Global trade is expected to be lower in 2020 and 2021.

The risk of a hard Brexit remains, which will put pressure on manufacturers reliant on selling into EU export markets.

UK dairy product prices may move out of line with global price trends as it adjusts to a new trading environment post-Brexit.

For farmers supplying into the foodservice sector, or highly involved in liquid milk markets, there is a higher risk of depressed returns as manufacturers look to recover margins and out-of-home consumption remains weak.

Dairy consumption trends

Prior to the COVID-19 pandemic, performance in the dairy category had been mixed. Milk, the largest segment by volume, had seen volumes decline by -1.9% in the 52 weeks to 23 February 2020 (Kantar). Yogurt had seen a similar volume decline but cheese and butter remained buoyant, each achieving growth above 3%.

During lockdown, all dairy categories saw elevated retail sales, particularly butter where a growth in home baking led to volumes rising 29%. In the first four weeks of lockdown alone, there were 22 million more sweet baking and 14 million more savoury baking occasions (Kantar Usage).  Scratch cooked meals also grew by 44% in lockdown.  The growth of both butter and cheese came from the movement of 170 million lunches back to the home, with sandwiches being key. Also, the sharp growth in hot drinks served in the home impacted milk demand.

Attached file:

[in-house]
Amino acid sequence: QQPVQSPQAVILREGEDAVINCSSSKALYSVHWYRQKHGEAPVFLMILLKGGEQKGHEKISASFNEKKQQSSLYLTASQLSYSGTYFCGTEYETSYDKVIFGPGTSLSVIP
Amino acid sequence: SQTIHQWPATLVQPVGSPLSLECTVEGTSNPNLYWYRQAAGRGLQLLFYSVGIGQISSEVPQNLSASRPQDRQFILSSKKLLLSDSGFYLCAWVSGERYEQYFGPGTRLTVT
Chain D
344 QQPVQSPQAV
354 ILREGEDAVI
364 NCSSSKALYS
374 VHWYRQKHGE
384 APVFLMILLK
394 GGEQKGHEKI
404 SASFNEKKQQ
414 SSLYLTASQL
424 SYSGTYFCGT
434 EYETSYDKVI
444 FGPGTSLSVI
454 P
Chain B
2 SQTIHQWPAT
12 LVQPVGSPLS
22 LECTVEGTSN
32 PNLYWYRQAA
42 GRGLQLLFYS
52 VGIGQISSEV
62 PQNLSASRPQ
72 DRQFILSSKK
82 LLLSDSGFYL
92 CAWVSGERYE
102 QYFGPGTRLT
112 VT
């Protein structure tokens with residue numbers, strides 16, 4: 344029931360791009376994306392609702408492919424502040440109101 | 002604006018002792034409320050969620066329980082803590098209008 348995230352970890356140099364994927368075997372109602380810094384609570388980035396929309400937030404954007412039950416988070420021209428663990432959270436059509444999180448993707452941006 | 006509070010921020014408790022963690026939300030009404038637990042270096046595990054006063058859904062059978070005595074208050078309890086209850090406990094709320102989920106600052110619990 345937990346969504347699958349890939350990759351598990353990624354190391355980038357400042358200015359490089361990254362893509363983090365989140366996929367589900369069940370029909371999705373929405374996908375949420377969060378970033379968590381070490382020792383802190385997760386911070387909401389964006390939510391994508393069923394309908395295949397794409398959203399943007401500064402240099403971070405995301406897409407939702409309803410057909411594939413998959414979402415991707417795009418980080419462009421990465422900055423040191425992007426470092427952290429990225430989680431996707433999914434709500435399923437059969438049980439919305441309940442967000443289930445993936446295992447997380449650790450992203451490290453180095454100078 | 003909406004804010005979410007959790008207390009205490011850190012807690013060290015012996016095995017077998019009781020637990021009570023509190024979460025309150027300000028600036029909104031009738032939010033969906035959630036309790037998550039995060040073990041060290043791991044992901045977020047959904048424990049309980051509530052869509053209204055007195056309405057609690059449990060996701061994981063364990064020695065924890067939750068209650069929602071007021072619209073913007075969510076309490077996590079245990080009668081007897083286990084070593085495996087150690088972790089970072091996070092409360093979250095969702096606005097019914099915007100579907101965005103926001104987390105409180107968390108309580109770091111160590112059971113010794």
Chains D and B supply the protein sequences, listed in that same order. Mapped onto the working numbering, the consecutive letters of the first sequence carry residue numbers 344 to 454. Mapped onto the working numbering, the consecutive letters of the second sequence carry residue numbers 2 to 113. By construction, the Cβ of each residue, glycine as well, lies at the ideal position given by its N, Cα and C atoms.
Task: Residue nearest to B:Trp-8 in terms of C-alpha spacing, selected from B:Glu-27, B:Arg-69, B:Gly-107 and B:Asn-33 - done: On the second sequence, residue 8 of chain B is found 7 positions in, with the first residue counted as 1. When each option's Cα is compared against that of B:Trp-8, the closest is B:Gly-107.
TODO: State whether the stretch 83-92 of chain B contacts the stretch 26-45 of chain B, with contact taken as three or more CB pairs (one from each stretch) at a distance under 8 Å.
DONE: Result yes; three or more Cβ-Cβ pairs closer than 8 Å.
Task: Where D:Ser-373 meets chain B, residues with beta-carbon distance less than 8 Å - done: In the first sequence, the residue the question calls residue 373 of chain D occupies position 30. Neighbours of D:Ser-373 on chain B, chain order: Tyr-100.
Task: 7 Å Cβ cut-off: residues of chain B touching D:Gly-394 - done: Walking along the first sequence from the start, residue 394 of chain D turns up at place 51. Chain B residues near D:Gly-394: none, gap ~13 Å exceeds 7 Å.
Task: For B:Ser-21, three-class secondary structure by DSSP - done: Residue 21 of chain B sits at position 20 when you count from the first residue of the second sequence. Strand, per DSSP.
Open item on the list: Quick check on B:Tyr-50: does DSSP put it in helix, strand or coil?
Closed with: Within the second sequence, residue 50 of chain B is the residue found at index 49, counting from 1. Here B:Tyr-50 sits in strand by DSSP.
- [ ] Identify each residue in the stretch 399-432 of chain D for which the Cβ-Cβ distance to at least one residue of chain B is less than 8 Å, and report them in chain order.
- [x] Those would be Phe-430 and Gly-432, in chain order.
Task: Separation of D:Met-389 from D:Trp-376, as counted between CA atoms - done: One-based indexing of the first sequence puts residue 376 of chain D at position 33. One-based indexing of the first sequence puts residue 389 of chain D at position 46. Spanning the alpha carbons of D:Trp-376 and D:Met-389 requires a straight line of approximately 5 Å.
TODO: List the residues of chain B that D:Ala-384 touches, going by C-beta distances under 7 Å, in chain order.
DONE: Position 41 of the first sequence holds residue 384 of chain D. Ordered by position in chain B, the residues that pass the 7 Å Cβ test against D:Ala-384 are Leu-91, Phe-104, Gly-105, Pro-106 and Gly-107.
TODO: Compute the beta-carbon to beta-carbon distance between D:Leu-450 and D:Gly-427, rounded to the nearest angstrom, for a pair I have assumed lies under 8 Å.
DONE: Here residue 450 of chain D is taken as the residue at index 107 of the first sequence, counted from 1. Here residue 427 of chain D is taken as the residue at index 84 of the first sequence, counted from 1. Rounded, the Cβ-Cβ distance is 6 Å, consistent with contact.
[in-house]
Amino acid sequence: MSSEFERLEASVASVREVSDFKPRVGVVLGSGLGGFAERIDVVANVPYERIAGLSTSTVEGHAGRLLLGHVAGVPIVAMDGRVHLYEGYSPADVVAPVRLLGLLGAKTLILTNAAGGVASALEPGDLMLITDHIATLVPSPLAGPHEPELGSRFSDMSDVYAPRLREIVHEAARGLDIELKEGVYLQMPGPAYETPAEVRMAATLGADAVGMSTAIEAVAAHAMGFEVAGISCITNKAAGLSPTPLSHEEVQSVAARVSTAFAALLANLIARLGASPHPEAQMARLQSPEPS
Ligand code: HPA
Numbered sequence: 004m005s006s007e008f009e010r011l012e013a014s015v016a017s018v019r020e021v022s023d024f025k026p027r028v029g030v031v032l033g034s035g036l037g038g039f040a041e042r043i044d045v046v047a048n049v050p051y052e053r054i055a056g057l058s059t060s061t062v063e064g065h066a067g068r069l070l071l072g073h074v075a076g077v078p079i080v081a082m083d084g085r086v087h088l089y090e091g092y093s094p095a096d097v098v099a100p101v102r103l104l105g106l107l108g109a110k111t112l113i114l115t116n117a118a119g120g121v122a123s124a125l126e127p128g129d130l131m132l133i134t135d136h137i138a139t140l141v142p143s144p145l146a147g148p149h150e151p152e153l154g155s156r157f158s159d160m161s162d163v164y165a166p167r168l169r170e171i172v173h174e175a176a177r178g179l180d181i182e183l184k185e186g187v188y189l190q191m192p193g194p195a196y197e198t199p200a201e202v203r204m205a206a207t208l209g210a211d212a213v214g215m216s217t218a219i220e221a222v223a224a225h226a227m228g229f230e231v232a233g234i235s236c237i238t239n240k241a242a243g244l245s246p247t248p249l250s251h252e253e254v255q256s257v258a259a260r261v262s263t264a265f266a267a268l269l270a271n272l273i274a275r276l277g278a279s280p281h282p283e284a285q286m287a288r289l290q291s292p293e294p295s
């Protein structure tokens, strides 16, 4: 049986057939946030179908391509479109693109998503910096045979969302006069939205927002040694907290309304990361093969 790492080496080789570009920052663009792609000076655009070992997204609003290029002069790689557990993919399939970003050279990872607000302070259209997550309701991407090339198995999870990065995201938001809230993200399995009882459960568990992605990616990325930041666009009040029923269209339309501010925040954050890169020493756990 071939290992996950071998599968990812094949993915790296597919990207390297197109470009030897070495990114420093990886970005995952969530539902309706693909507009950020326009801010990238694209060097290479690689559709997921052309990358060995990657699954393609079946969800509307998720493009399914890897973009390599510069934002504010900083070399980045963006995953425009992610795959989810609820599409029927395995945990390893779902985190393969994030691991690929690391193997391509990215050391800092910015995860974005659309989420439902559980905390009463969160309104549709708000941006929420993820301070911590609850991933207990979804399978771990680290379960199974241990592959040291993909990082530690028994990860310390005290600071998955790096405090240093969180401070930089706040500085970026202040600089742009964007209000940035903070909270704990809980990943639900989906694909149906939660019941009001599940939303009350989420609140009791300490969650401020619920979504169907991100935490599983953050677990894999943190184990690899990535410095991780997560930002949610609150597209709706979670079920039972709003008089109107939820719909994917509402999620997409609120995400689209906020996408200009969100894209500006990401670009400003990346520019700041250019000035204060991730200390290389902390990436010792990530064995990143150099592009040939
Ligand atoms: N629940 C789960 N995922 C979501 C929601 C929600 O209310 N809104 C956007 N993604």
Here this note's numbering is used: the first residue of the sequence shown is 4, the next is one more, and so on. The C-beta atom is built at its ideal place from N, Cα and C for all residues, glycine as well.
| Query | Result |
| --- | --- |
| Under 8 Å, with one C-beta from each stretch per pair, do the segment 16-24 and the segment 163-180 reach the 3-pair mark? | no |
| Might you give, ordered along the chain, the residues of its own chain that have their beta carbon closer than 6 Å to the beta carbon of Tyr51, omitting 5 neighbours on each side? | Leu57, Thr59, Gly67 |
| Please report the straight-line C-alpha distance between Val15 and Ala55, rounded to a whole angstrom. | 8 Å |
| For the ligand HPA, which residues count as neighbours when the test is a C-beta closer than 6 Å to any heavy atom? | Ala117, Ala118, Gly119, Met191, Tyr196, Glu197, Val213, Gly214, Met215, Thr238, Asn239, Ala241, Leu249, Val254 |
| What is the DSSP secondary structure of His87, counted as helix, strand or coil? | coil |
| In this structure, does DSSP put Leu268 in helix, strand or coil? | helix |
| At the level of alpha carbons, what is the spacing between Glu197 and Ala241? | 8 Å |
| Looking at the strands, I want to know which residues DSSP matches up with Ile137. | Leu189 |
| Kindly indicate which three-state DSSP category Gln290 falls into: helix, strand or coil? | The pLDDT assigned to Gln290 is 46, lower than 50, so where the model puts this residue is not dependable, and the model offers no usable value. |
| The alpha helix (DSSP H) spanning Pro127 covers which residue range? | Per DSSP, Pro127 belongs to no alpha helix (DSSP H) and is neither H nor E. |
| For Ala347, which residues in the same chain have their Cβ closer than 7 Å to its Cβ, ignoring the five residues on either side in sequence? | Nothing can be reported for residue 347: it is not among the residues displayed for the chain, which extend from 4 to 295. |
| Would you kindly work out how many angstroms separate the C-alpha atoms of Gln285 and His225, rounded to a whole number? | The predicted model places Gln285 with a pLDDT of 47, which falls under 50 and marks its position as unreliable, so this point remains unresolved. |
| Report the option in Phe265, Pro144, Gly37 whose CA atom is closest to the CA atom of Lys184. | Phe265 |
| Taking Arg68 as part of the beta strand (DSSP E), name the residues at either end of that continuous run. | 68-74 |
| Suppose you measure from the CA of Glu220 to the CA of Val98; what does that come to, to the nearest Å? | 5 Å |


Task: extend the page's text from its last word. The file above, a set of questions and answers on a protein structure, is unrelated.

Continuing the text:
The closure of foodservice impacted cheese and butter with both being highly dependent on the eating out market. And while cheese volumes increased through food delivery channels, with some major pizza chains staying open throughout lockdown, some speciality cheeses faced difficulties because of their reliance on foodservice markets.

Yogurt volumes grew by 4% in the 12 weeks to May 2020 (Kantar), considerably behind the growth of the total food and drink market (+14.7%). Health has become less front of mind during the pandemic as consumers have turned to more indulgent snacks such as biscuits.  In-home usage data from Kantar shows that the breakfast occasion has become more crowded as hot options such as full English and bacon/sausage baps gain traction with more available preparation times in the morning, pushing yogurt down the rank order.  Public sector catering is a relatively important channel for yogurt, accounting for approximately 8% of volumes in 2019, according to AHDB estimates.

What next?

As a staple product, we expect milk to fare well in the latter half of 2020 under all three lockdown exit scenarios.